Burying the living with the dead
As everyone knows yesterday Senator Edward Kennedy (D-MA) passed away. He lost his hard-fought battle against brain cancer. Nancy Pelosi (D-CA) did not wait for his body temperature to fall before pouncing on the opportunity to use Ted’s passing as a reason to ram nationalized health care down the collective American gullet. She excitedly commented, “Ted Kennedy’s dream of quality health care for all Americans will be made real this year because of his leadership and his inspiration.” But why should I be surprised? Remember the administration’s motto is Never let a crisis go to waste. While I would not classify the Senator’s 15 month cancer fight as a crisis, it most certainly is an opportunity.
The Sympathy Vote
In the United States, the sympathy vote is very real. In the 2000 election, Missouri Governor Melvin Carnahan (D) died in a plane crash, while campaigning for the U.S. Senate just two weeks before the election. Voters were undeterred and re-elected him. However, the sympathy vote is not restricted to the common American voter. Elected officials are sometimes willing to blindly spend billions in the name of sympathy.
The following point may ruffle a few feathers, but the motivator is the point. In 1961, then President John F. Kennedy (D) gave his now famous “We choose to go to the Moon” speech. When the speech was delivered, such a task was impossible, ridiculously expensive, and most likely political hyperbole. The space program was struggling to reach low Earth orbit – and doing that at great expense. Now, I am a huge fan of the Space Program, however, had JFK not been assassinated in 1963, his dream of landing a man on the moon might have never been achieved. The USSR and China both had dreams of landing men on the moon and nothing ever came of those dreams. It was the memory of a fallen President that maintained the support of Congress and President Johnson and carried the task to completion. Do you think Johnson, who was obsessed with Vietnam and social reform, would have continued spending billions on the space program had JFK completed his Presidency?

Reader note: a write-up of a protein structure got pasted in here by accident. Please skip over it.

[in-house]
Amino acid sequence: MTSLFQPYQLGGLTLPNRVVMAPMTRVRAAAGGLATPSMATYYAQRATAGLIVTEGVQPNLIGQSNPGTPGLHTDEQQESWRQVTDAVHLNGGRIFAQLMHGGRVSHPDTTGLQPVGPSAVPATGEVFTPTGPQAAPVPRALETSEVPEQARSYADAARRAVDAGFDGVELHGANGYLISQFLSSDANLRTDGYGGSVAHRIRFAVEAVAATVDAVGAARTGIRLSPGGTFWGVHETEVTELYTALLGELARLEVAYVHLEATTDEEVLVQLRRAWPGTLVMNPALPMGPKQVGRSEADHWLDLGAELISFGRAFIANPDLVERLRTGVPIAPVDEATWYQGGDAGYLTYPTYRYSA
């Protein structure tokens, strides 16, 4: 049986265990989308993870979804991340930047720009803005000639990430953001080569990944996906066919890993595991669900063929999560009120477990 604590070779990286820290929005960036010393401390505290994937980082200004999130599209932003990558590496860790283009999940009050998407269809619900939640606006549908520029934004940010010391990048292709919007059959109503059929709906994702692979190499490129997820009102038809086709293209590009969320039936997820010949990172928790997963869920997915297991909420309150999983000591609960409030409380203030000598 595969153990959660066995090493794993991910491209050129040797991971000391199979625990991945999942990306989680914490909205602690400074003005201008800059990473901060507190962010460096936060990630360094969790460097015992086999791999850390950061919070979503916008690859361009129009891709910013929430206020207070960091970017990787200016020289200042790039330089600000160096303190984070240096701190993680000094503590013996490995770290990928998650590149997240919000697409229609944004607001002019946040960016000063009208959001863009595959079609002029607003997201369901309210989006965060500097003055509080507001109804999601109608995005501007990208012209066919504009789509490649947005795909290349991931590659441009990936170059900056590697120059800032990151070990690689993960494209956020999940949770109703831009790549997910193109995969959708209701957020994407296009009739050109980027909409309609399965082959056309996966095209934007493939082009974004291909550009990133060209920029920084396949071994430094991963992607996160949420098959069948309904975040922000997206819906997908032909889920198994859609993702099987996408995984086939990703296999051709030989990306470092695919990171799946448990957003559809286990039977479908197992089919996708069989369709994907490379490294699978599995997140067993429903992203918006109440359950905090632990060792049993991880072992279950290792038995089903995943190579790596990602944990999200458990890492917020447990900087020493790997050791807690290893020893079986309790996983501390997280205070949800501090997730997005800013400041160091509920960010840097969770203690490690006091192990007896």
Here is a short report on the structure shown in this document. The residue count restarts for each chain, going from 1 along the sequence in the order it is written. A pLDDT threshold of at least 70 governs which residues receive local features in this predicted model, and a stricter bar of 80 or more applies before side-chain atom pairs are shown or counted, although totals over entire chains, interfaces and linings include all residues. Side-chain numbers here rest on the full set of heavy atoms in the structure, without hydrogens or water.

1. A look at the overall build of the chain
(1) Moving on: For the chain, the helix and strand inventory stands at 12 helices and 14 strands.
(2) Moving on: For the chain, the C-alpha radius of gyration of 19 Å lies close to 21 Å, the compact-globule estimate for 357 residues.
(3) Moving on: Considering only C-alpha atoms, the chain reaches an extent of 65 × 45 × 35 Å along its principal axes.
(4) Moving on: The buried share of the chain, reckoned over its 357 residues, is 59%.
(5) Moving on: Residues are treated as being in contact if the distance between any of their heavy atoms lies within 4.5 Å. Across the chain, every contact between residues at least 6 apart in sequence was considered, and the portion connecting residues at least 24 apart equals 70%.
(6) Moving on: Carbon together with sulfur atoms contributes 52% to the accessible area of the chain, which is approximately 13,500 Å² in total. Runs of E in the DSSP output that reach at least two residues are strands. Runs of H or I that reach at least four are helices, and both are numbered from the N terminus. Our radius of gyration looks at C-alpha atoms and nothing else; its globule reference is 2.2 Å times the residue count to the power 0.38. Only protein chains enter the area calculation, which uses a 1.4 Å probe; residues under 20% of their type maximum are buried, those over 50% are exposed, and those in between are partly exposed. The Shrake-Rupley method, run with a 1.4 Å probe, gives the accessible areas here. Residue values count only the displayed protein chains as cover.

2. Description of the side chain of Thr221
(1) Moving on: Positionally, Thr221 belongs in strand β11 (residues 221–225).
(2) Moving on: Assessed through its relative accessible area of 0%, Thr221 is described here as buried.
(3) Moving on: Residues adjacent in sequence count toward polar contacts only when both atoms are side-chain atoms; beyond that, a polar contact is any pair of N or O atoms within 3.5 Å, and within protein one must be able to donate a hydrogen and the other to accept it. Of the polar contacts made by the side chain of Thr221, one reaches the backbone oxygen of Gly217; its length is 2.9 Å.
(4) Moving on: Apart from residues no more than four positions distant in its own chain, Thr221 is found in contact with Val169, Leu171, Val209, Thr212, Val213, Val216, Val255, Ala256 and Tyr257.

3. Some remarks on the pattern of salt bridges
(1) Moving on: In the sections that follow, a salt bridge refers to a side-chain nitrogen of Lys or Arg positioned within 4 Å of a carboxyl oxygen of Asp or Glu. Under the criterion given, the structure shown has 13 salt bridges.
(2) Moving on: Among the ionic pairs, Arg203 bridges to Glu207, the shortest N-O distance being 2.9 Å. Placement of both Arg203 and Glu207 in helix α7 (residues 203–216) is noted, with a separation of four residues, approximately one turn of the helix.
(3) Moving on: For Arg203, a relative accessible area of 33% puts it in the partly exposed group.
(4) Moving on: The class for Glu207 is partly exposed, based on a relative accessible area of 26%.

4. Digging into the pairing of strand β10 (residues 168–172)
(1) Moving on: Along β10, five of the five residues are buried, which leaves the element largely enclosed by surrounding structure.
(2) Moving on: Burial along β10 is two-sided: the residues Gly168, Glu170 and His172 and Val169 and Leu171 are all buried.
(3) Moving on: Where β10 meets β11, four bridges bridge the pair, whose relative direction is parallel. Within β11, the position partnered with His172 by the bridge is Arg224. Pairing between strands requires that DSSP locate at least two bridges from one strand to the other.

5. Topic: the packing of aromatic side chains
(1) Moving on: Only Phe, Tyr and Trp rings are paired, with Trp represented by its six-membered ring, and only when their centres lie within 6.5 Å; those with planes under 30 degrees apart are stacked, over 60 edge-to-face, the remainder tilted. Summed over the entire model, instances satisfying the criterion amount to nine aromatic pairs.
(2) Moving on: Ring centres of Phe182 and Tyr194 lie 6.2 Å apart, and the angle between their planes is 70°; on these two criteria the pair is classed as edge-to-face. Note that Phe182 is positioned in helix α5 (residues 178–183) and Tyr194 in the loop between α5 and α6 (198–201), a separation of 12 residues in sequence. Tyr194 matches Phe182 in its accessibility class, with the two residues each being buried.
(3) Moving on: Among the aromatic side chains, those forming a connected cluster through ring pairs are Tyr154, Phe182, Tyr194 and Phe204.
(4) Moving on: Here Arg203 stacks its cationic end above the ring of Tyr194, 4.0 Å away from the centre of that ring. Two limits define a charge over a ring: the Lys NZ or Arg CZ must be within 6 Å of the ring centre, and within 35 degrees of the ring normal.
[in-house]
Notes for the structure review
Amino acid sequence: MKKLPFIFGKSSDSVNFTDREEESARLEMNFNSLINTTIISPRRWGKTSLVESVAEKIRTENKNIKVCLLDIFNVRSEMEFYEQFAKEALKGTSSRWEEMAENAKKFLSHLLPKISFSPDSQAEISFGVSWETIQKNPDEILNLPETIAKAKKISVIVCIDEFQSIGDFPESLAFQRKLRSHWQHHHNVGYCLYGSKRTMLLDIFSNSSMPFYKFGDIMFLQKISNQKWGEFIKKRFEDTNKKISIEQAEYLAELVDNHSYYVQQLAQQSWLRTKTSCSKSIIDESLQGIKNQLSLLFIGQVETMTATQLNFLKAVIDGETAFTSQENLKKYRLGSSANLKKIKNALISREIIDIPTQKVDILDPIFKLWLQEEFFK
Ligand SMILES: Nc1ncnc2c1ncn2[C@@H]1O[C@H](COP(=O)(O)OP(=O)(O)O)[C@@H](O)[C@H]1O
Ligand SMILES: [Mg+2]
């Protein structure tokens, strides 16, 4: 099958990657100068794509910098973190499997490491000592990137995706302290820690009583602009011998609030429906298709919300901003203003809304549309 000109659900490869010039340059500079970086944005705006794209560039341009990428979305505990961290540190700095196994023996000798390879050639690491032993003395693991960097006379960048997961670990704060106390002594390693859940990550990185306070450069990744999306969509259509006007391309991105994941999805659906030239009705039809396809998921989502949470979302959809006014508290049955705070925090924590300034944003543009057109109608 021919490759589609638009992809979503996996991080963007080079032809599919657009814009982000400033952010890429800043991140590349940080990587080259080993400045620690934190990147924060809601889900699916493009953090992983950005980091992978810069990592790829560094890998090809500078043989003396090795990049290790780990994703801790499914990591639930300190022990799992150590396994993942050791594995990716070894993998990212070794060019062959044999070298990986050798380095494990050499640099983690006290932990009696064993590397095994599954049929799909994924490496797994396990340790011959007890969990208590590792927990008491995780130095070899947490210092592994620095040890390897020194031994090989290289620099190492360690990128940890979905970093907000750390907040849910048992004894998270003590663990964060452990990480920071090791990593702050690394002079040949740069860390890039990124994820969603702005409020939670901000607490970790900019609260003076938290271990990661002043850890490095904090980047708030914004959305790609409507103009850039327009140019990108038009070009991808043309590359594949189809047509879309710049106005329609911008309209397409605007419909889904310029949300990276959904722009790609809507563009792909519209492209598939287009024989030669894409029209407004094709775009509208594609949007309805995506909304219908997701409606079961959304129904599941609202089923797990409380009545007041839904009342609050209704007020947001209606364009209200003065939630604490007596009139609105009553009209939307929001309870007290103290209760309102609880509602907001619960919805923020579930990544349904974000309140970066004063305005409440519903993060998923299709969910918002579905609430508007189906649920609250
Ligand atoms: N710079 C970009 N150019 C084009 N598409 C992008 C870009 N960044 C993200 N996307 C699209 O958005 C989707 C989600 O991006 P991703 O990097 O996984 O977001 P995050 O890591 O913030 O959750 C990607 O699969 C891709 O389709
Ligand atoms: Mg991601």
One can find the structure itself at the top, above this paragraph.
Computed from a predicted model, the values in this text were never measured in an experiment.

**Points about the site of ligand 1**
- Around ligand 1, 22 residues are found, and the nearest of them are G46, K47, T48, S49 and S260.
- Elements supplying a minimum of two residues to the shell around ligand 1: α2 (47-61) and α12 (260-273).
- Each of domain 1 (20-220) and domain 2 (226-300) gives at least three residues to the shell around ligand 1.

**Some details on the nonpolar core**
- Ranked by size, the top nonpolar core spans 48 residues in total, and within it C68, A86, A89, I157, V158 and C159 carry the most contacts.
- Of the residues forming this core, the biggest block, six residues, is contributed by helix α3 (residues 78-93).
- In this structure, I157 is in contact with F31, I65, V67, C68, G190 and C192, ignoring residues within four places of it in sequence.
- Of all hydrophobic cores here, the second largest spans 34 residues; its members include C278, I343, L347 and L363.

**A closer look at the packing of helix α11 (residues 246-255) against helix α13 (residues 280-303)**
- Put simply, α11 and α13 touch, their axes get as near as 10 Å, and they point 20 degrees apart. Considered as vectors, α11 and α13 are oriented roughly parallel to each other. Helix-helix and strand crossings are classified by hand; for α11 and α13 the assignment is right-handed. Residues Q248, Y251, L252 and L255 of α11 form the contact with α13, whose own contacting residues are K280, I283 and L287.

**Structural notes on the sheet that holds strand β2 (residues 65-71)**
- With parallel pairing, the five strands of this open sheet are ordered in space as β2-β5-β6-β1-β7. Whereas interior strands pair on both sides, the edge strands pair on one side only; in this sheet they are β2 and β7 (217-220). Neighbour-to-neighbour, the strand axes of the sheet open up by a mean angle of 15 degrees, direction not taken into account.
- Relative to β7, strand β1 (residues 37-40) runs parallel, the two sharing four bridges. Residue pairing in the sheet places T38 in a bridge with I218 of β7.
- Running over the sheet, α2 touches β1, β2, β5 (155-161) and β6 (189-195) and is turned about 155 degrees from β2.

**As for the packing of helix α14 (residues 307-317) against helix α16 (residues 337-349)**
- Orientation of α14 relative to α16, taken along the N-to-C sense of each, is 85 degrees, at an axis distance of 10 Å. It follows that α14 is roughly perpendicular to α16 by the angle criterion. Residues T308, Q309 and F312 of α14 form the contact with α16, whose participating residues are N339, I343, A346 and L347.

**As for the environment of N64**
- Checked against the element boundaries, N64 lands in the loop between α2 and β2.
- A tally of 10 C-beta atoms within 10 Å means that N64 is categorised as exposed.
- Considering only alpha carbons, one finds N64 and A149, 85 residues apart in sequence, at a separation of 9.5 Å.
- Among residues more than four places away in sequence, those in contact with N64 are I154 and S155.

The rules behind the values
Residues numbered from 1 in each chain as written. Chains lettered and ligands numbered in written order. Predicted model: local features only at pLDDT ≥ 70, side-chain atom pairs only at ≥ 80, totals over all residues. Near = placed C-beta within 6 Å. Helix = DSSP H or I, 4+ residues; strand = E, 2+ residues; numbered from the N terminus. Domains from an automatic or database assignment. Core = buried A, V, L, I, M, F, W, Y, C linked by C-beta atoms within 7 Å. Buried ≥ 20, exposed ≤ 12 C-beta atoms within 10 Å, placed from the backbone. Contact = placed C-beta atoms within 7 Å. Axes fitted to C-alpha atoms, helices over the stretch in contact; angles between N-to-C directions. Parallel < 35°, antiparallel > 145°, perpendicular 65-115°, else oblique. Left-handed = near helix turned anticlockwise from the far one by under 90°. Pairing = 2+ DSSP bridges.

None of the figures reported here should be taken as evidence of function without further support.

JFK’s entire Moon address
And so we see Nancy Pelosi rushing to use Ted Kennedy’s death as a tool to get her dangerous version of health care “reform” passed without resistance or anyone taking a serious look. Now she can distract her House members from those angry voters by reminding them their friend a colleague, would have wanted them to do this. Damn the voters – this is for Ted! And just to be fair she is not alone. Senator Orrin Hatch (R-UT) appeared on Fox News this morning. He pointed out Kennedy’s long record and his passion for the health care debate. I did not hear him call outright, for quick passage of a bill in Ted’s honor but I felt the undertone of it.
H.R.3200 is the House health care reform bill. Read it. I keep saying this over and over. Yet Liberals keep changing the subject or telling outright lies about what H.R.3200 says. They keep saying it won’t be mandatory but the bill says otherwise. BUT I’m not going to keep repeating myself on this. RATHER, I will say, this bill is bad. It will threaten the stability and soundness of our government and our way of life. Fear-mongering? H.R.3200, if it does nothing else threatens to overwhelm the system like no other program. the only way to keep that from happening is to ration access to life-sustaining care. Again I ask you do a quick search on “euthanasia Oregon”.
Culture of Death
As I often do, I’d like to make a historical reference to make a point. Nancy Pelosi and other Democrats in Washington, are or are going to, push for quick passage of a bad health care bill in honor of the dearly departed Ted Kennedy. To me it is very much like burying the living with the dead. If H.R.3200 is ultimately not good for the nation and breaks an otherwise functional health care system, then it will benefit no one. Without debating “death panels” and the like, if passage of H.R.3200 results in anyone ever being asked or encouraged to assist or commit suicide to save the taxpayers money, then effectively they are burying the living with the dead.
In Ecuador, there is a stone-age people called the Waorani. Prior to missionary activities in the 1950s, the Waorani had a pure culture of death. They had no system or cultural methods for dealing with conflict and as a result the people were murdering each other relentlessly. When a father was killed, (very few if any Waorani died of natural causes,) he might desire his family be buried with him. (A similar practice occurred in ancient Egypt but seems to have been restricted to Pharaohs and was done for more mystical purposes – the Waorani were much less sophisticated and why I chose them as an analogy.) The Waorani were driving their race into extinction without any intellectual consideration of the future.
In much the same way, rushing legislation as important, as expensive, as large, and as complex as nationalized health care makes about as much sense as burying the living with the dead. In fact, the end result could be the “moral equivalent.” Hey, if you want to honor the Senator, build him a monument. It’ll be cheaper, less dangerous, and less intrusive into our lives.